The other black-and-white films—Bim and Circus Angel—also benefit from a broader range in grays, excellent whites, and rich black levels. Both can go a little soft in places (particularly Bim), but I think this is inherent to the original film materials. Grain is rendered well for both, and no digital anomalies show up. For Bim, Criterion includes the longer 54-minute French and 37-minute English cuts, but both are sourced from the same restoration.

Stowaway in the Sky, the lone widescreen film in this collection, might be considered the weaker among the five films. This likely relates to the source materials and, plausibly, the specific anamorphic lens utilized during filming (it was shot in the French “Dyaliscope”). Some instances of distortion are noticeable within some regions of the frame, resulting in a slightly “squished” appearance. It also appears that Eastmancolor film stock was used, contributing to average color rendering and more pronounced grain. Nevertheless, the digital presentation remains solid and presents no explicit defects.

On that note, all five films have been gorgeously restored, and nothing remains outside of a few minor blemishes here and there. A lot of work has gone into these, and the results look excellent.

The Red Balloon (1956): 9/10 White Mane (1953): 9/10 Bim, the Little Donkey (1951): 8/10 Stowaway in the Sky (1960): 8/10 Circus Angel (1965): 8/10

Audio 6/10

Criterion includes all five films' original French monaural soundtracks, presented in lossless single-channel PCM. Criterion also includes alternate English soundtracks for all but The Red Balloon. The English soundtrack for Bim is only available alongside the shorter 37-minute version of the film and is also presented in lossless PCM. White Mane, Stowaway in the Sky, and Circus Angel are given 1.0 Dolby Digital soundtracks.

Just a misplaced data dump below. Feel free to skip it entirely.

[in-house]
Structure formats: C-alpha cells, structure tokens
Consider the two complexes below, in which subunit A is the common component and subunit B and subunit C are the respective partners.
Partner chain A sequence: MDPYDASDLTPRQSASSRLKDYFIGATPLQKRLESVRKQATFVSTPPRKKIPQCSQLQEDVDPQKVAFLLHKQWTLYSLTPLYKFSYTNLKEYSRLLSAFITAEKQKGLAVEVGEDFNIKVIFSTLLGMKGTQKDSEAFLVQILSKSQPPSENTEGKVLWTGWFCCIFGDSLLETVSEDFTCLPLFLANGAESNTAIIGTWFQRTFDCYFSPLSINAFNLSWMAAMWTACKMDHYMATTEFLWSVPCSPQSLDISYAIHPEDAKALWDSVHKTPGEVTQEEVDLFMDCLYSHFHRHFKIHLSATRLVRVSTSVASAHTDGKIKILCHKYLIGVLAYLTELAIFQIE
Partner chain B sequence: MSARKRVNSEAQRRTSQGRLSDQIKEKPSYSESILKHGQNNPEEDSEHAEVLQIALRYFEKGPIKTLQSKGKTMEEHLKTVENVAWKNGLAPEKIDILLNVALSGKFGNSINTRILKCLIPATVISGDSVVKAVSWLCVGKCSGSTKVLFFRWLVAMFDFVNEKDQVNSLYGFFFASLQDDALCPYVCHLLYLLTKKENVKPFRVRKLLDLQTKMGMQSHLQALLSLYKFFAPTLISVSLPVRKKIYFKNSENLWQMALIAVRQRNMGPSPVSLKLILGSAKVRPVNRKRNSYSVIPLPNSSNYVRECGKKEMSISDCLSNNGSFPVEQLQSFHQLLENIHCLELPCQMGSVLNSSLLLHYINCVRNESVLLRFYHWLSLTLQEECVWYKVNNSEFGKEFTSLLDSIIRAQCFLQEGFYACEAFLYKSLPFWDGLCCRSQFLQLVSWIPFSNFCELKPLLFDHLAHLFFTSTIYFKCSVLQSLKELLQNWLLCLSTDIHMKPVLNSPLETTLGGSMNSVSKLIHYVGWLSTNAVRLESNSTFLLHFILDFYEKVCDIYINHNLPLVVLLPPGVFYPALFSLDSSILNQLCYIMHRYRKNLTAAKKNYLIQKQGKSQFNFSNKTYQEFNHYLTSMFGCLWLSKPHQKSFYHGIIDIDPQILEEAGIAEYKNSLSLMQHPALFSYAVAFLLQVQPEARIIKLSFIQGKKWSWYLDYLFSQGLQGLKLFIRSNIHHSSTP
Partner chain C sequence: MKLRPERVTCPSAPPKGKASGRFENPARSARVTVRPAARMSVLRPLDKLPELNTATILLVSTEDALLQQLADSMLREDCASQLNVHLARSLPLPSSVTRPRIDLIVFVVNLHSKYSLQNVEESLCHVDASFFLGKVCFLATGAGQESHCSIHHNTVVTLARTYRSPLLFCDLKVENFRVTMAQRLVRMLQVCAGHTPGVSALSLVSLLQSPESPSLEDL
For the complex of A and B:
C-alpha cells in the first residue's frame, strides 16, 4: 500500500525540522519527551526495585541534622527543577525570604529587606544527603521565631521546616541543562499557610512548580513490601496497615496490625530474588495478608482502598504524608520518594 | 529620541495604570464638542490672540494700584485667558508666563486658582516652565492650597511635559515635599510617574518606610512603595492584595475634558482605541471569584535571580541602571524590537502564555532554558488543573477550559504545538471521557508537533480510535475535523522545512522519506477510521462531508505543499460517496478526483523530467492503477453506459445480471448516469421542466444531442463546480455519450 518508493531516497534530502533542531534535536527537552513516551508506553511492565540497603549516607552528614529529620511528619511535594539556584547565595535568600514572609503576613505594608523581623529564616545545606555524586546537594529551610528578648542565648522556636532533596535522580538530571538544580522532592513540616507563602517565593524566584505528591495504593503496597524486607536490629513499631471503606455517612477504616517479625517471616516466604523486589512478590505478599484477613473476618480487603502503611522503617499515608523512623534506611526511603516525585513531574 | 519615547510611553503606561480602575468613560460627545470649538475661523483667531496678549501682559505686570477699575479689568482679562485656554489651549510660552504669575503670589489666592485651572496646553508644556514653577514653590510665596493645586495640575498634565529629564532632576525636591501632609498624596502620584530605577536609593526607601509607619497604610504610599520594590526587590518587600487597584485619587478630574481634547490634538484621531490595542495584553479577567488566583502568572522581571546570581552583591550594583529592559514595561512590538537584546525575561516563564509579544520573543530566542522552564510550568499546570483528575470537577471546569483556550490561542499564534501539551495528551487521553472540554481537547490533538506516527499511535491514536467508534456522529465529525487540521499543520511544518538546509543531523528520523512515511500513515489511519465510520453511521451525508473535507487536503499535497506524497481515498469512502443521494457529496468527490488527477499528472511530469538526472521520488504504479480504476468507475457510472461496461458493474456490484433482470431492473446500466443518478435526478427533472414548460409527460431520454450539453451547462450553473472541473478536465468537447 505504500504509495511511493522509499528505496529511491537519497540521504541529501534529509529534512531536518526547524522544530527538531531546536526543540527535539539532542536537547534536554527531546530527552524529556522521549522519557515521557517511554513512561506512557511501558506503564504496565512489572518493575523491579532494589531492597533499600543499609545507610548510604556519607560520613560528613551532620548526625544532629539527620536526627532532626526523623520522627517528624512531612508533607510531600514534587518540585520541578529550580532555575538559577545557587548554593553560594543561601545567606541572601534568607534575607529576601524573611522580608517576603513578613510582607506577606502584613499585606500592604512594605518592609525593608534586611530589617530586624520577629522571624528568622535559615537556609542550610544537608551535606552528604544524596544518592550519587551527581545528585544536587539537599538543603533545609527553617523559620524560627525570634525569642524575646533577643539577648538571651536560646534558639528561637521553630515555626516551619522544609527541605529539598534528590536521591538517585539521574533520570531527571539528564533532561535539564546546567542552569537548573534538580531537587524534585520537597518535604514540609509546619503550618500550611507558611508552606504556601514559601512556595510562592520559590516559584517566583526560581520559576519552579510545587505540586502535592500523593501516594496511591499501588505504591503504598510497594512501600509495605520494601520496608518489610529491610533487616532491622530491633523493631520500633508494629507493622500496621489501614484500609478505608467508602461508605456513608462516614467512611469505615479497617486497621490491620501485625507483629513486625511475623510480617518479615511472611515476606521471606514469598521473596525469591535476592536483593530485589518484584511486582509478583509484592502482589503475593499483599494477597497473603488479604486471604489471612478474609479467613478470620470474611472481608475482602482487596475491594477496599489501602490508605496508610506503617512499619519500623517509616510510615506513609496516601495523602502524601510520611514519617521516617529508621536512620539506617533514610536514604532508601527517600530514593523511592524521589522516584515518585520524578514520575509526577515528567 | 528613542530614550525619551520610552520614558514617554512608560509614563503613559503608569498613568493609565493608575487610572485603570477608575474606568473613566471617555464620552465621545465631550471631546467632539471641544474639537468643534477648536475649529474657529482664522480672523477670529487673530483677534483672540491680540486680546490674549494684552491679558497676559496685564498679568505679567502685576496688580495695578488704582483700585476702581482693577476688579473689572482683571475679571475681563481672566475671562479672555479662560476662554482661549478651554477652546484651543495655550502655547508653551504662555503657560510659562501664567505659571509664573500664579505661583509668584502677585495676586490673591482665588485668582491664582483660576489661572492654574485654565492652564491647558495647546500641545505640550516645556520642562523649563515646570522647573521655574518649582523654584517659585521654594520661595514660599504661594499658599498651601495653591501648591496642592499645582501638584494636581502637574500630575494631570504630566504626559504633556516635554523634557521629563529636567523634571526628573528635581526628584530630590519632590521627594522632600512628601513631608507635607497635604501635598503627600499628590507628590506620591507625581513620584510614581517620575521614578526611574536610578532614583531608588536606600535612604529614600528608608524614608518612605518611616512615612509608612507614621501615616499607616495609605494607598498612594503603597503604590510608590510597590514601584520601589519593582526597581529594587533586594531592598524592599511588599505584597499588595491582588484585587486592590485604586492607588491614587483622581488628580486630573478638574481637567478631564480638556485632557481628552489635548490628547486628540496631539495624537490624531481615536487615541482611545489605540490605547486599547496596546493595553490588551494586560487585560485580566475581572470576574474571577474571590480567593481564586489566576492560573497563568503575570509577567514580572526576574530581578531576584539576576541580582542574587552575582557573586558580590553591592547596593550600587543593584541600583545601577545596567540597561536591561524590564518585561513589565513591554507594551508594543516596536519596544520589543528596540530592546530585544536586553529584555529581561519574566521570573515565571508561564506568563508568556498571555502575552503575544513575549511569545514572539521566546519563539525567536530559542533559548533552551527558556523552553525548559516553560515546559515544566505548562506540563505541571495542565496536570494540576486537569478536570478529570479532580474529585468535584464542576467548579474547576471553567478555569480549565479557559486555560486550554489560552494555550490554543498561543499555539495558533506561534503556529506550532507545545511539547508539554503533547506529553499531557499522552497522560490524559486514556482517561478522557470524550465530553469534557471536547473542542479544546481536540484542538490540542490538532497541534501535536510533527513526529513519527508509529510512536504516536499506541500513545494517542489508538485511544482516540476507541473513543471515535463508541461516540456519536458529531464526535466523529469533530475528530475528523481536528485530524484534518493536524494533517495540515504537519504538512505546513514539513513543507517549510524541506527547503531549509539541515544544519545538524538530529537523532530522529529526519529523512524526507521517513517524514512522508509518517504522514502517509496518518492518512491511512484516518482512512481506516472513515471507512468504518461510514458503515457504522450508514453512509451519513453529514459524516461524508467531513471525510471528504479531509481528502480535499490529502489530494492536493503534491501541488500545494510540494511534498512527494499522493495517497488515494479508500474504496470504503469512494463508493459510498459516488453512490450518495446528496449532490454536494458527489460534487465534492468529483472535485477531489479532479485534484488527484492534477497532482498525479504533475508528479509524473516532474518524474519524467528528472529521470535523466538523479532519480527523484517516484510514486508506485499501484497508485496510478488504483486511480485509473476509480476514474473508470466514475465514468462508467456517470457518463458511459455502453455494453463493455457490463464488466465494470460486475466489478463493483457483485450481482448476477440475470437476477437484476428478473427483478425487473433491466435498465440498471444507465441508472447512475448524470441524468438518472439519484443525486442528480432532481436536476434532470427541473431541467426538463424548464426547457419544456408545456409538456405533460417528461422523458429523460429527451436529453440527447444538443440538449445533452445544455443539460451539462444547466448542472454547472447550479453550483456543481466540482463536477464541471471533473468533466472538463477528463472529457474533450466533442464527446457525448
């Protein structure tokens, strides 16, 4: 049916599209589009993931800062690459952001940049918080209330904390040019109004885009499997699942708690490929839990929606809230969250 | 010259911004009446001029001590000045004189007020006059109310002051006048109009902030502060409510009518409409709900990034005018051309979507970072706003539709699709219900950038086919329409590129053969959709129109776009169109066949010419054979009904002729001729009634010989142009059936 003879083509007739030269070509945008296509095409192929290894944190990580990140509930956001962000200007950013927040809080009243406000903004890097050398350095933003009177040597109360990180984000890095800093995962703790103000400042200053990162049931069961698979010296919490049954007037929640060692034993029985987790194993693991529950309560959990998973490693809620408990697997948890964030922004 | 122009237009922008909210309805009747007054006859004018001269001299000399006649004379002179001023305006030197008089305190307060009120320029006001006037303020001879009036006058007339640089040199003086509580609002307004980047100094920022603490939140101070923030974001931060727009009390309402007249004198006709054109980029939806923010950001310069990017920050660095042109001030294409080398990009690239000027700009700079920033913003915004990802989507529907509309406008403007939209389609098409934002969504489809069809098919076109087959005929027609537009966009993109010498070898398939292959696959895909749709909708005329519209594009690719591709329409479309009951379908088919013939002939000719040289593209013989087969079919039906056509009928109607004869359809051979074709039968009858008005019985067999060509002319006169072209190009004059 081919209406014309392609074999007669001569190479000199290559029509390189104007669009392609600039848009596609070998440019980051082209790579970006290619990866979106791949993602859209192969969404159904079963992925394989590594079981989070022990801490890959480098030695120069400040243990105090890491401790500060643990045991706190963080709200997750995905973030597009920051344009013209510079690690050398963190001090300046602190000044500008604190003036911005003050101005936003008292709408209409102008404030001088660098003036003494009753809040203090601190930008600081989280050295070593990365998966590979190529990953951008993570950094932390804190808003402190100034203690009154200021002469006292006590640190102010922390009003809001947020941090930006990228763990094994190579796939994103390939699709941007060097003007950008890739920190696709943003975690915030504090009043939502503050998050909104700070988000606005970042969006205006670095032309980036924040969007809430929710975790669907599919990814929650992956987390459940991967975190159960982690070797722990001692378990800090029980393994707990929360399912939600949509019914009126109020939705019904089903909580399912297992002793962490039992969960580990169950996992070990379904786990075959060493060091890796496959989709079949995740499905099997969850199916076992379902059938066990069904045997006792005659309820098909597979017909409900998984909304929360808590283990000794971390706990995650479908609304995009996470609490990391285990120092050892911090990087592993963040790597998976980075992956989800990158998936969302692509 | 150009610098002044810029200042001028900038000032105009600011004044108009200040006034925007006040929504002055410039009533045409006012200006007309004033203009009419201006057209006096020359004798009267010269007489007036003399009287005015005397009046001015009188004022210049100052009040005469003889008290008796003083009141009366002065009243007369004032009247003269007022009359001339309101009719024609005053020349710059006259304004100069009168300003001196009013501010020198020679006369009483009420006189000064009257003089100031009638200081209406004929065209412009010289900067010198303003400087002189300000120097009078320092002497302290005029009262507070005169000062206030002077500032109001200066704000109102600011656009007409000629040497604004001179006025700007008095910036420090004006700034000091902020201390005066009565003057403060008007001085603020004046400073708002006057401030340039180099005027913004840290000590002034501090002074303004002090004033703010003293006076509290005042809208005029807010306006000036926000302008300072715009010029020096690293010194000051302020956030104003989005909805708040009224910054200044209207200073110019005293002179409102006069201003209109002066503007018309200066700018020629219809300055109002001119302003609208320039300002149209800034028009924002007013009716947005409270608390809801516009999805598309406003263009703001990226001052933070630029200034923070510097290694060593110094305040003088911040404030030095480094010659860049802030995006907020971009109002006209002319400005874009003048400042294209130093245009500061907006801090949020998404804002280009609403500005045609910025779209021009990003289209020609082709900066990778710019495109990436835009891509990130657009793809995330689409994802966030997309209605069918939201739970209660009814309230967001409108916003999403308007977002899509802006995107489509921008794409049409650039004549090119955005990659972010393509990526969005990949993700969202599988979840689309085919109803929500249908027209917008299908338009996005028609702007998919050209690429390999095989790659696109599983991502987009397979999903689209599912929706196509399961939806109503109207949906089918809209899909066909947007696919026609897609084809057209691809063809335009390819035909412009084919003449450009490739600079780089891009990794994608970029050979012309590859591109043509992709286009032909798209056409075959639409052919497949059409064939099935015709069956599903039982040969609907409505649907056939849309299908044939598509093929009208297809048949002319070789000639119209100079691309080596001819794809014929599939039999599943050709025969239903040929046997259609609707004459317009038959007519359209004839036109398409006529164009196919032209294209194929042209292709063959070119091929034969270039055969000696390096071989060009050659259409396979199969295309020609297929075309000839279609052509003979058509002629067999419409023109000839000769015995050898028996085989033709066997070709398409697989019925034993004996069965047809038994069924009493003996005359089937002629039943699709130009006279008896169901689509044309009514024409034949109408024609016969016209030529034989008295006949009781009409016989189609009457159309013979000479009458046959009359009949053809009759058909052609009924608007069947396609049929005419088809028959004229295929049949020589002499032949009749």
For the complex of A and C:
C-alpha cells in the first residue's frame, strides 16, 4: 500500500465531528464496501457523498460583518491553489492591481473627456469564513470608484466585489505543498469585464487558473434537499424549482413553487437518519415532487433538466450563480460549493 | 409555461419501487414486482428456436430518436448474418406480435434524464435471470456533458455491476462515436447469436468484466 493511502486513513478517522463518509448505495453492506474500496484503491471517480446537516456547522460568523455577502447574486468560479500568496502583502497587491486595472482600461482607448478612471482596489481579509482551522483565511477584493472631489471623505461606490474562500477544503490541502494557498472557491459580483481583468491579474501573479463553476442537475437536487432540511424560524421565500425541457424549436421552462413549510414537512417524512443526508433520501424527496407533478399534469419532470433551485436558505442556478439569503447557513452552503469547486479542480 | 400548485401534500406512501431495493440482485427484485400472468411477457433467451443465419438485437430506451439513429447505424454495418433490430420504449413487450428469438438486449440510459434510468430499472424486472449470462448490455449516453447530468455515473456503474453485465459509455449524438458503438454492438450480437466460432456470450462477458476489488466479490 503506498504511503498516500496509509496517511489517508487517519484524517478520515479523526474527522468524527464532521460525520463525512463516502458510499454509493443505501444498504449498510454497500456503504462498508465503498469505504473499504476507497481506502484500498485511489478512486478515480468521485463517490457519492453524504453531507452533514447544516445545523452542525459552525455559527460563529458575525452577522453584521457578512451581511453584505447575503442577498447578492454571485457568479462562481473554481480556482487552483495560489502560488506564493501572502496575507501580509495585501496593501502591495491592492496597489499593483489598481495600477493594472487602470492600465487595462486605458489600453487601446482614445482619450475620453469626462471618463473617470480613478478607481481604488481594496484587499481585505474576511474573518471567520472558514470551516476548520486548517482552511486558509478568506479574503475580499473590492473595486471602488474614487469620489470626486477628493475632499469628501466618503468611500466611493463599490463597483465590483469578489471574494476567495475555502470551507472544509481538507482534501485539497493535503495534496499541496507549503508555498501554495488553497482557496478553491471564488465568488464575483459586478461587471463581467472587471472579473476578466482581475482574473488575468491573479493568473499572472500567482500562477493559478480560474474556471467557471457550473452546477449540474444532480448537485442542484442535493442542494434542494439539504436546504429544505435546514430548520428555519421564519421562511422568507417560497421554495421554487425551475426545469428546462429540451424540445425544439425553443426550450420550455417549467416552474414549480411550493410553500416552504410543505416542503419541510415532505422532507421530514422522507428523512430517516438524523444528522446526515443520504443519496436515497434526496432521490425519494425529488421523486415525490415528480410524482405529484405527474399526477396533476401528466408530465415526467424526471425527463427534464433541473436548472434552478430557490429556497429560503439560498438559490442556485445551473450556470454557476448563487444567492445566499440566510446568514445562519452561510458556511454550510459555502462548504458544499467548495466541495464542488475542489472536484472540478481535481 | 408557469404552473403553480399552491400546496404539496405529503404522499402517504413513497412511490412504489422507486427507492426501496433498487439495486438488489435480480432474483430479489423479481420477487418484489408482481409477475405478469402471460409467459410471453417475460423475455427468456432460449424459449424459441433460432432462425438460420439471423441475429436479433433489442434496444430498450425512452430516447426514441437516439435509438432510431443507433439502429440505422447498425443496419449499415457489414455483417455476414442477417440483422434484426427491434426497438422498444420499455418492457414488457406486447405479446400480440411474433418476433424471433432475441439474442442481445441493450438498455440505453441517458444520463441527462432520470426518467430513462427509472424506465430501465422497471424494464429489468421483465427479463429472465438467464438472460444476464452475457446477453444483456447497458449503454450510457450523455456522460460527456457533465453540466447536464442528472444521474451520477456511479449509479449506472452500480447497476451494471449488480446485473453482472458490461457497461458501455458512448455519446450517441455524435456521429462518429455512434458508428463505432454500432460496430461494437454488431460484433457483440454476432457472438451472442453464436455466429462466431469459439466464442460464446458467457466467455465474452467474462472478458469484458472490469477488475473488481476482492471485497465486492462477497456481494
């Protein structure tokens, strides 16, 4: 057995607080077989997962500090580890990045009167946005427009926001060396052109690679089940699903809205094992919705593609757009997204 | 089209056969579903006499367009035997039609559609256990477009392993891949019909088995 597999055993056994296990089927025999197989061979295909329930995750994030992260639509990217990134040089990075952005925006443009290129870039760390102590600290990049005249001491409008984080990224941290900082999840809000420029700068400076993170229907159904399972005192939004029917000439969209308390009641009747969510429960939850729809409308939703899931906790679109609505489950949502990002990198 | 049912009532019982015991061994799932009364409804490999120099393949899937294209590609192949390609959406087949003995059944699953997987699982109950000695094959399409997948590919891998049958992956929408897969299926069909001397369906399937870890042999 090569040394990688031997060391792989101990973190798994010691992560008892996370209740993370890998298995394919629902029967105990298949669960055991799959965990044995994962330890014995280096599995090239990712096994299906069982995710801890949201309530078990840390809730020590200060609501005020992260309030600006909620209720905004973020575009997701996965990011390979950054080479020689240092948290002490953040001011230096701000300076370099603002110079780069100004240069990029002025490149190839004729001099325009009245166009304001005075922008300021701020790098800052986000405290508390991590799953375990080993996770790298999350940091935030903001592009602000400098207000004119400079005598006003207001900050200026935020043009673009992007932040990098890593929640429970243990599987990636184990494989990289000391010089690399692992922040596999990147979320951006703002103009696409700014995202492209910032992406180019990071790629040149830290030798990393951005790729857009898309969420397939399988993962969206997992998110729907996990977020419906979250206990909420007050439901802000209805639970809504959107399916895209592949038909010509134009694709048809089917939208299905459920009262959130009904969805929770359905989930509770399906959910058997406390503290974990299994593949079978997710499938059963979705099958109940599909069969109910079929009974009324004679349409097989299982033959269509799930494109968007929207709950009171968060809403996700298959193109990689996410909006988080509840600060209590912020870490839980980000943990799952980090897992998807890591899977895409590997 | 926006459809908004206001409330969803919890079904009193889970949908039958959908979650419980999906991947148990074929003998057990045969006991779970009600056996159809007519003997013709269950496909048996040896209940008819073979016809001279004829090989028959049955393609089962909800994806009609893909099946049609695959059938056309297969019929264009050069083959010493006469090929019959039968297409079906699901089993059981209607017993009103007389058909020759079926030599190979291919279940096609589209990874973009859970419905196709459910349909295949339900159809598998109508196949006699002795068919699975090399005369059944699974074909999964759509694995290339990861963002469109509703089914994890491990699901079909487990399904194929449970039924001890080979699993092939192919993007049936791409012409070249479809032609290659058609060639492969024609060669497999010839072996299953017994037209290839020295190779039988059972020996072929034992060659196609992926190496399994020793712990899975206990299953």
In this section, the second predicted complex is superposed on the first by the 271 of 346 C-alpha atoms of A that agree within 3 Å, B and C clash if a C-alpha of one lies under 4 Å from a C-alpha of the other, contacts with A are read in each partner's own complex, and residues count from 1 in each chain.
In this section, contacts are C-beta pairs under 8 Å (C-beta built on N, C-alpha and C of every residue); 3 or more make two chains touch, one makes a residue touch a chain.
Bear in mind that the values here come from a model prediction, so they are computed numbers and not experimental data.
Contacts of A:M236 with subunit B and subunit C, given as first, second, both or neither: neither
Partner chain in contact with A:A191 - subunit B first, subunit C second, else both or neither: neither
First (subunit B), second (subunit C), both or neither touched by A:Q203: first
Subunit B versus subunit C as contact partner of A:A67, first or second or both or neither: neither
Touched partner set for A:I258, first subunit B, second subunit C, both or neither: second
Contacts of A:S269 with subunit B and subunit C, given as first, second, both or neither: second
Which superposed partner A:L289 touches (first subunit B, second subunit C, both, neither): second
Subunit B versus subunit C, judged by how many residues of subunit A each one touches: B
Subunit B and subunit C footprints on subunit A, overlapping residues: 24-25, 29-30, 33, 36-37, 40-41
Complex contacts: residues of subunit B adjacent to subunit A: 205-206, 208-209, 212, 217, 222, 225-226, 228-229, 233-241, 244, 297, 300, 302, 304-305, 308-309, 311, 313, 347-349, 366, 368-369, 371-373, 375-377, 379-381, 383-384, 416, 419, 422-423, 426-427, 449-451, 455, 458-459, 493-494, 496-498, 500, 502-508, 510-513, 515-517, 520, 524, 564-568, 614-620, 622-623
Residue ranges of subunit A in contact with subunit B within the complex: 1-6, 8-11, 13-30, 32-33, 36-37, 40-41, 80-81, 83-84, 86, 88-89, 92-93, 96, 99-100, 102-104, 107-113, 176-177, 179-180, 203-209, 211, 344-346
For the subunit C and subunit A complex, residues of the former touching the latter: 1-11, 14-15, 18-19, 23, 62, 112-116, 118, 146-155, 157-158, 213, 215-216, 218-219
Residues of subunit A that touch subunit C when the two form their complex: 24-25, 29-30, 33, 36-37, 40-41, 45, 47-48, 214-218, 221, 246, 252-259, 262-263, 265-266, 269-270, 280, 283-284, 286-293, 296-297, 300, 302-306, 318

The French soundtracks all sound terrific. Despite the age of the materials or shooting conditions, most of them show a remarkable range level while also sounding sharp and clean with no noticeable distortion or filtering. Bim does sound a bit flatter compared to the other films, though I suspect it comes down to the source materials.

The English soundtracks are another story. The one for Circus Angel is ultimately fine, as is Bim’s, though the latter is harmed by an insufferable narration that must explain the whole film because it trims so much out. There are odd and jarring cuts, which are made more pronounced due to apparent jumps in the soundtrack. That narration problem continues in Stowaway due to Jack Lemmon talking over most of the film, which isn’t necessary. White Mane’s English soundtrack sounds awful because it has this hollow “home video” sound, as though its narration (provided by Peter Strauss) was captured over a Camcorder microphone.